There are two types of abdominal fat; visceral and subcutaneous.
While many studies cite the dangers of visceral fat because of it’s association with heart disease and diabetes type two, subcutaneous fat can also pose some dangers.
All fat cells have the capability to transform cholesterol into hormones, particularly estrogen, and large amounts of subcutaneous fat can translate in to excessive estrogen.
Many patients visit my Chicago area office for lipodissolve but this can only eliminate subcutaneous fat. If they have visceral fat which is never good, I recommend dietary changes and either conjugated linoleic acid (CLA), or DHEA.
The studies on both of these supplements are very promising in reducing fat and increasing lean body mass.
The November 10 issue of The Journal of the American Medical Association (JAMA) published a study on the effects of DHEA on visceral and subcutaneous fat.
The study included the non-control group of elderly subjects taking 50mg per day of DHEA for six months.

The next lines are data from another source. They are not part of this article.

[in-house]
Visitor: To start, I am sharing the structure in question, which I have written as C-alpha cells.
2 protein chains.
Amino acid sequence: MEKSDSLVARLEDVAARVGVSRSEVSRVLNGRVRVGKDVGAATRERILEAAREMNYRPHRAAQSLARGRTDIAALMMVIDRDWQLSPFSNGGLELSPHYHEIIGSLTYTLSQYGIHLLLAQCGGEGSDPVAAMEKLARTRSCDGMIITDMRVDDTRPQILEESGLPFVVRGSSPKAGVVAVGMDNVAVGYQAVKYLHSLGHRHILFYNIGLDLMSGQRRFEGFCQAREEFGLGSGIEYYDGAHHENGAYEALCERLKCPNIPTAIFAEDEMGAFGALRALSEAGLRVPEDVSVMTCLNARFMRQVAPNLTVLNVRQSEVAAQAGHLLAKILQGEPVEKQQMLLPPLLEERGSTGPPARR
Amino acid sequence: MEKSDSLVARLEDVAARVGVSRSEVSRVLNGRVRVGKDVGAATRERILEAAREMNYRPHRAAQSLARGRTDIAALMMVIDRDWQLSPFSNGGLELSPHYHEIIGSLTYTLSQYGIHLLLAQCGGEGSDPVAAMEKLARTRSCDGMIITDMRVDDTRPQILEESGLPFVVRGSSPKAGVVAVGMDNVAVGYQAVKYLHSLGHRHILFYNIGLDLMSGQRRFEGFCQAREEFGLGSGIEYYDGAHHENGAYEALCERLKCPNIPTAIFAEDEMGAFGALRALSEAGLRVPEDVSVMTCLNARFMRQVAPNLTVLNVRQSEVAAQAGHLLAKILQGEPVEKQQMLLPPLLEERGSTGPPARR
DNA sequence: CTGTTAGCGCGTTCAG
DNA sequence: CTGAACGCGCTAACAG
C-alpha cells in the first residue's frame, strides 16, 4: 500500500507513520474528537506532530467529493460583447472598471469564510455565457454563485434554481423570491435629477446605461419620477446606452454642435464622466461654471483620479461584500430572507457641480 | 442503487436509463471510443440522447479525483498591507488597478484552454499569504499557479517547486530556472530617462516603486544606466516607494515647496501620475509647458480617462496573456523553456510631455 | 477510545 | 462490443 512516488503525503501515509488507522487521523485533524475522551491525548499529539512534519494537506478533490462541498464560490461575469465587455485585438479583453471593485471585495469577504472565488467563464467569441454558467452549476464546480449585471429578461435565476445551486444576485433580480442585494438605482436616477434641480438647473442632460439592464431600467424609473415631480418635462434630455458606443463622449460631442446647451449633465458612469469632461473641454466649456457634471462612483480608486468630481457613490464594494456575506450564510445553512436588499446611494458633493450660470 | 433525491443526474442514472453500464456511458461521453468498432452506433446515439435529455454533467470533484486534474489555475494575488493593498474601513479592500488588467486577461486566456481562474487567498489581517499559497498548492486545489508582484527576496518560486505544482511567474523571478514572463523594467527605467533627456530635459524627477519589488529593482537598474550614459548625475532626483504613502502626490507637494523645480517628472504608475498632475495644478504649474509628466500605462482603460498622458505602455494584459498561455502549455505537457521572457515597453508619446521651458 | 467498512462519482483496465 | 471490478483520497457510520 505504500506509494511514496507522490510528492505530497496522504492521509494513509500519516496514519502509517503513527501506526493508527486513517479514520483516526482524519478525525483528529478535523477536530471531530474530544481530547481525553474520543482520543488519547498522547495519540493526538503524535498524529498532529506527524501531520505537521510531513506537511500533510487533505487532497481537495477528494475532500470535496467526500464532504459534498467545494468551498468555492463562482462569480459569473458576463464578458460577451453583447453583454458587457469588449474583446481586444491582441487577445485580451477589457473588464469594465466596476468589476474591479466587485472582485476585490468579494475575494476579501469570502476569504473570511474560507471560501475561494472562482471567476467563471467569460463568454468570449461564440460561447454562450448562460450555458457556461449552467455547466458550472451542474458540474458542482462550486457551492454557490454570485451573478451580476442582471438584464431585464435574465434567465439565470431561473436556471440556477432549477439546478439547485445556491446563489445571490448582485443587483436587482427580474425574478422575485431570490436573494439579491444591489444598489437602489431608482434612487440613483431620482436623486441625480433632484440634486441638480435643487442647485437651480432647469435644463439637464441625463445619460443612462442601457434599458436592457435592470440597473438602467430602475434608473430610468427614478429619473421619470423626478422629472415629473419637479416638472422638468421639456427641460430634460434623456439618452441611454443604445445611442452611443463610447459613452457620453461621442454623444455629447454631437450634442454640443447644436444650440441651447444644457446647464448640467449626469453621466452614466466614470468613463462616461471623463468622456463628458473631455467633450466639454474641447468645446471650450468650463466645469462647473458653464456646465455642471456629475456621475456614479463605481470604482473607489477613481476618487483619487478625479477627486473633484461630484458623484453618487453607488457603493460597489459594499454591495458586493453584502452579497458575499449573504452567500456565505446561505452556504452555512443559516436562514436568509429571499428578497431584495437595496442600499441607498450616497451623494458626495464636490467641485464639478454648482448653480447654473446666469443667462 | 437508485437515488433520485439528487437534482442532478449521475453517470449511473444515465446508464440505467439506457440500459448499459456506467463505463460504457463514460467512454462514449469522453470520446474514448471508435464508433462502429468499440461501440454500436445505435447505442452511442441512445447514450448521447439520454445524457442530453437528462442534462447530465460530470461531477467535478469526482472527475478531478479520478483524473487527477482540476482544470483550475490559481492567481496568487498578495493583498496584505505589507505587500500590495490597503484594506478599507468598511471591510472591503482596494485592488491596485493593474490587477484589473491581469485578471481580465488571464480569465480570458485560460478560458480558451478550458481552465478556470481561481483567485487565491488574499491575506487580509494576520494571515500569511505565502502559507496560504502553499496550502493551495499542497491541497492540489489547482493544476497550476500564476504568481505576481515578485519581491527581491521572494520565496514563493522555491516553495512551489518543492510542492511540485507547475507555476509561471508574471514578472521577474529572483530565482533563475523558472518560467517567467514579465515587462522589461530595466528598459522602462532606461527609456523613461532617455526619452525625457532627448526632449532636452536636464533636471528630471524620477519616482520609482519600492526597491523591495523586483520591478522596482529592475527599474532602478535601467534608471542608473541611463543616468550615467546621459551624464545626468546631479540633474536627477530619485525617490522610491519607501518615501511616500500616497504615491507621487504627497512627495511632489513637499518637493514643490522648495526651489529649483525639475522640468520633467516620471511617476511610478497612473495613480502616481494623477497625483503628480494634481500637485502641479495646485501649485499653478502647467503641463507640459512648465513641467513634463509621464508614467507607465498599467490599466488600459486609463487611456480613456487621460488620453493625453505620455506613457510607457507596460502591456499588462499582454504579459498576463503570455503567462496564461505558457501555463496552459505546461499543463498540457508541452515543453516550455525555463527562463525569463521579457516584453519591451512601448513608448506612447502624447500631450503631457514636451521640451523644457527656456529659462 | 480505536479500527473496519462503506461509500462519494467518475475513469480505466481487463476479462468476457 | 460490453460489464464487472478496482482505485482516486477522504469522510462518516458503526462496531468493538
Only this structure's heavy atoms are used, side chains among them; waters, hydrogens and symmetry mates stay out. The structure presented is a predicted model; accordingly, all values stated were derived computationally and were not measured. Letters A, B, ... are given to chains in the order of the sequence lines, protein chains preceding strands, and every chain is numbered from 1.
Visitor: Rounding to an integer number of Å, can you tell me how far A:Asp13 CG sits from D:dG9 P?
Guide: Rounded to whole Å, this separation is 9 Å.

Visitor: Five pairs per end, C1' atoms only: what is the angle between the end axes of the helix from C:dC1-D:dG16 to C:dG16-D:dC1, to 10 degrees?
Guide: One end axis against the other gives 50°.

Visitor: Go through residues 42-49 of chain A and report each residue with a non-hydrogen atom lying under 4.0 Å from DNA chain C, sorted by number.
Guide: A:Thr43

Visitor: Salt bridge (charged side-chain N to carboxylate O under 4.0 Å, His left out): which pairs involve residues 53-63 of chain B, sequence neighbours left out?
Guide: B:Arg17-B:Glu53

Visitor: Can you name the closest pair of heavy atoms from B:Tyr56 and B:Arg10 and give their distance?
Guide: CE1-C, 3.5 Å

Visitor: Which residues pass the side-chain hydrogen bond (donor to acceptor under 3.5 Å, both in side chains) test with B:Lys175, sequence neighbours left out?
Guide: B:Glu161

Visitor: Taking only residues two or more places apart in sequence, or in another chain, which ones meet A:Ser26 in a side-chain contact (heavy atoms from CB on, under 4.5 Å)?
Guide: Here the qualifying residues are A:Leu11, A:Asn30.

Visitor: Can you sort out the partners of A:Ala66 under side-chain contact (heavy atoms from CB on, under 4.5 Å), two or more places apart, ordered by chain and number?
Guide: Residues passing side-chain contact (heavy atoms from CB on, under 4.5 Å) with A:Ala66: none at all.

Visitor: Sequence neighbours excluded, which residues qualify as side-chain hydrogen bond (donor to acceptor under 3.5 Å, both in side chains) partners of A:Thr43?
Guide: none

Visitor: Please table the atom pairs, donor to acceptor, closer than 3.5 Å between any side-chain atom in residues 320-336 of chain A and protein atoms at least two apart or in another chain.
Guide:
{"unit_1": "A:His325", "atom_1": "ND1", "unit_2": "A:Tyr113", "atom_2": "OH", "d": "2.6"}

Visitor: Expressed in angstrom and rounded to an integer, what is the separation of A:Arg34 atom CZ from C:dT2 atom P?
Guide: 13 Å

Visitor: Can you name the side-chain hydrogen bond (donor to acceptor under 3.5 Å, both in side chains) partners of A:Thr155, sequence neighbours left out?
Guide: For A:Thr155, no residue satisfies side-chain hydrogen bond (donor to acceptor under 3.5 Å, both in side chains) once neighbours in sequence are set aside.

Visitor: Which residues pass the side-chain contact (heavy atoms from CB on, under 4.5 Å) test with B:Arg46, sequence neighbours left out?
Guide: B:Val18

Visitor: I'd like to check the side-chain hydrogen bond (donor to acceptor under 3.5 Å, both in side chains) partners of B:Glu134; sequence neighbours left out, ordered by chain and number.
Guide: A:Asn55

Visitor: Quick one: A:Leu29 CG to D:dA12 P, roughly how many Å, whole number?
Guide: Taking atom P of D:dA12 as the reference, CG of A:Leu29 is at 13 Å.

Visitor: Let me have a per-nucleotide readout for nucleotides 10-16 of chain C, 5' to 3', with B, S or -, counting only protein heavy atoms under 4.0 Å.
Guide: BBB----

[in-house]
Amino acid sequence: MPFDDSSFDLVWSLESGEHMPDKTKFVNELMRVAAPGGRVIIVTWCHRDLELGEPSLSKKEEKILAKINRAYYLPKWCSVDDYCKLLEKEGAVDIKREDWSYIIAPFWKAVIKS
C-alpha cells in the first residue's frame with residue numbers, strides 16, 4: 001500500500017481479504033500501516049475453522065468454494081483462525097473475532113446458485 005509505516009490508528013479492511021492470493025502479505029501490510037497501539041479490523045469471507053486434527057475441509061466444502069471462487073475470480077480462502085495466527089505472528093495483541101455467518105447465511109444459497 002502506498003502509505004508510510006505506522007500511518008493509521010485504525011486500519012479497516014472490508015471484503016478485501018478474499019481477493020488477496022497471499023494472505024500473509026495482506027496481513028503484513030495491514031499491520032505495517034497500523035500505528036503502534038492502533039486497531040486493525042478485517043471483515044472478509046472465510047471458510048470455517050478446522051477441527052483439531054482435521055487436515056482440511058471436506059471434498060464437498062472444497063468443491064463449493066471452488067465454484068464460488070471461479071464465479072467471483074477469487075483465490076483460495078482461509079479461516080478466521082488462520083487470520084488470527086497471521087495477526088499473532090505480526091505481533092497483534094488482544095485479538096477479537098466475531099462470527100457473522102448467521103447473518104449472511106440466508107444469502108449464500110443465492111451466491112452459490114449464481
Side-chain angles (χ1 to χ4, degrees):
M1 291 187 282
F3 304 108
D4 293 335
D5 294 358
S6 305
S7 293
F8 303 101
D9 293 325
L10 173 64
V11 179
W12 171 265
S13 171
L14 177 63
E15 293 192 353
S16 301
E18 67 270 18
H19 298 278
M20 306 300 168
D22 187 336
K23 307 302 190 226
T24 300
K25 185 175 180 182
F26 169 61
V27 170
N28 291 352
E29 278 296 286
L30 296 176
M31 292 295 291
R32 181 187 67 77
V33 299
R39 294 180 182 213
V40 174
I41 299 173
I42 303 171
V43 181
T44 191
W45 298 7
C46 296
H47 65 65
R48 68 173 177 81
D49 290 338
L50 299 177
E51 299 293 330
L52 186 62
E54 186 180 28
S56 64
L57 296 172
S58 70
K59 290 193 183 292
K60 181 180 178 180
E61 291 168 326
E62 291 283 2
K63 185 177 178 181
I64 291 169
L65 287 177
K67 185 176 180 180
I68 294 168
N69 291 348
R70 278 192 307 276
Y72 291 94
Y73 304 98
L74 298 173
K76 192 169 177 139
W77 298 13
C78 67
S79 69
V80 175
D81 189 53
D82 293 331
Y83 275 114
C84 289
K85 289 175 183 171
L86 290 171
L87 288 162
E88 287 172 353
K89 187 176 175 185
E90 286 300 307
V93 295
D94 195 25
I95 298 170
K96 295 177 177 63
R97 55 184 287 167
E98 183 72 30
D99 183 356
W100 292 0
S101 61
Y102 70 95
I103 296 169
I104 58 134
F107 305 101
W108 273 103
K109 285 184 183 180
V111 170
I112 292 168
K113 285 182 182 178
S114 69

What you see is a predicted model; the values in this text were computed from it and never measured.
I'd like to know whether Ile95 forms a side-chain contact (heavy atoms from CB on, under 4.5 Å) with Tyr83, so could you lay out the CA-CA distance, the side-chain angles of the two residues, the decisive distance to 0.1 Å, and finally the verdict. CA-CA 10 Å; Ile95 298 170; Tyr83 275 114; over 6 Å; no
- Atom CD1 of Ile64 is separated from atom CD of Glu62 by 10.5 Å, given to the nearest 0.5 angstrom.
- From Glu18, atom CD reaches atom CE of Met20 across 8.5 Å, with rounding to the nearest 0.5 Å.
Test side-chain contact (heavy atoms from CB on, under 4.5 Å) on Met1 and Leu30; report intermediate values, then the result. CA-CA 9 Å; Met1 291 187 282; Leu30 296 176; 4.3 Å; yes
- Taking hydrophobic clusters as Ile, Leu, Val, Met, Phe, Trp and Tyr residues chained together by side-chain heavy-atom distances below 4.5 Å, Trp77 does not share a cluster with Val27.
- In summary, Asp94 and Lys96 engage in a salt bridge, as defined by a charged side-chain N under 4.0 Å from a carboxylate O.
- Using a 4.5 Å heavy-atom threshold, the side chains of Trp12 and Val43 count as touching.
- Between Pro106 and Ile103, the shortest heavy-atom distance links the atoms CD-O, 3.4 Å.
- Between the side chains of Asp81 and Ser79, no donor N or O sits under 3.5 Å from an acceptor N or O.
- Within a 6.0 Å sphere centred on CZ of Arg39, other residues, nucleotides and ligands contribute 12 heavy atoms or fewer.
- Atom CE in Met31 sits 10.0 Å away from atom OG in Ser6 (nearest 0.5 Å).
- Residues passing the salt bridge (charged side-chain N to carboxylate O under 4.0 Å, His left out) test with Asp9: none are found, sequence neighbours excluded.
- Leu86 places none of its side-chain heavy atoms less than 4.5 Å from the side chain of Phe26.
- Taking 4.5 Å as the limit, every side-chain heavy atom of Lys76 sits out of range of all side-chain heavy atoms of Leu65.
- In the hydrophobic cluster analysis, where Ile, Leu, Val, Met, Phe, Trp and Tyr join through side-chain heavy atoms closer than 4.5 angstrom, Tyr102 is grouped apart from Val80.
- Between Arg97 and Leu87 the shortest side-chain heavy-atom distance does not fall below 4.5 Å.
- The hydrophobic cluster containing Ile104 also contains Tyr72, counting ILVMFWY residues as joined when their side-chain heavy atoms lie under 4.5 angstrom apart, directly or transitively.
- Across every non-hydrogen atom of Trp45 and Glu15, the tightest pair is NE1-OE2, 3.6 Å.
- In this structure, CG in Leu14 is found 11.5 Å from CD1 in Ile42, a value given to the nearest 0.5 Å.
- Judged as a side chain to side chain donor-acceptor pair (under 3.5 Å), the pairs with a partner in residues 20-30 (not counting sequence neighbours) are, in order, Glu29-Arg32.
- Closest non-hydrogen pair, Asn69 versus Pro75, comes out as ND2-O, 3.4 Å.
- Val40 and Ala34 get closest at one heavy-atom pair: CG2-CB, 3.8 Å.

The conclusion was that DHEA supplementation significantly reduced not only visceral fat, but subcutaneous fat as well. And, previous studies have shown an increase in bone density in subjects taking DHEA.
CLA has been studied and is associated with an increase in lean body mass and decrease in visceral fat. However, the studies were not as impressive as with DHEA. Non the less, many weight trainers body sculptors swear by CLA.
Lipodissolve is only good for someone with a medium to lean body weight who has stubborn fatty tissue in spot areas, like a mushy lower abdomen (women) and love handles (men and women).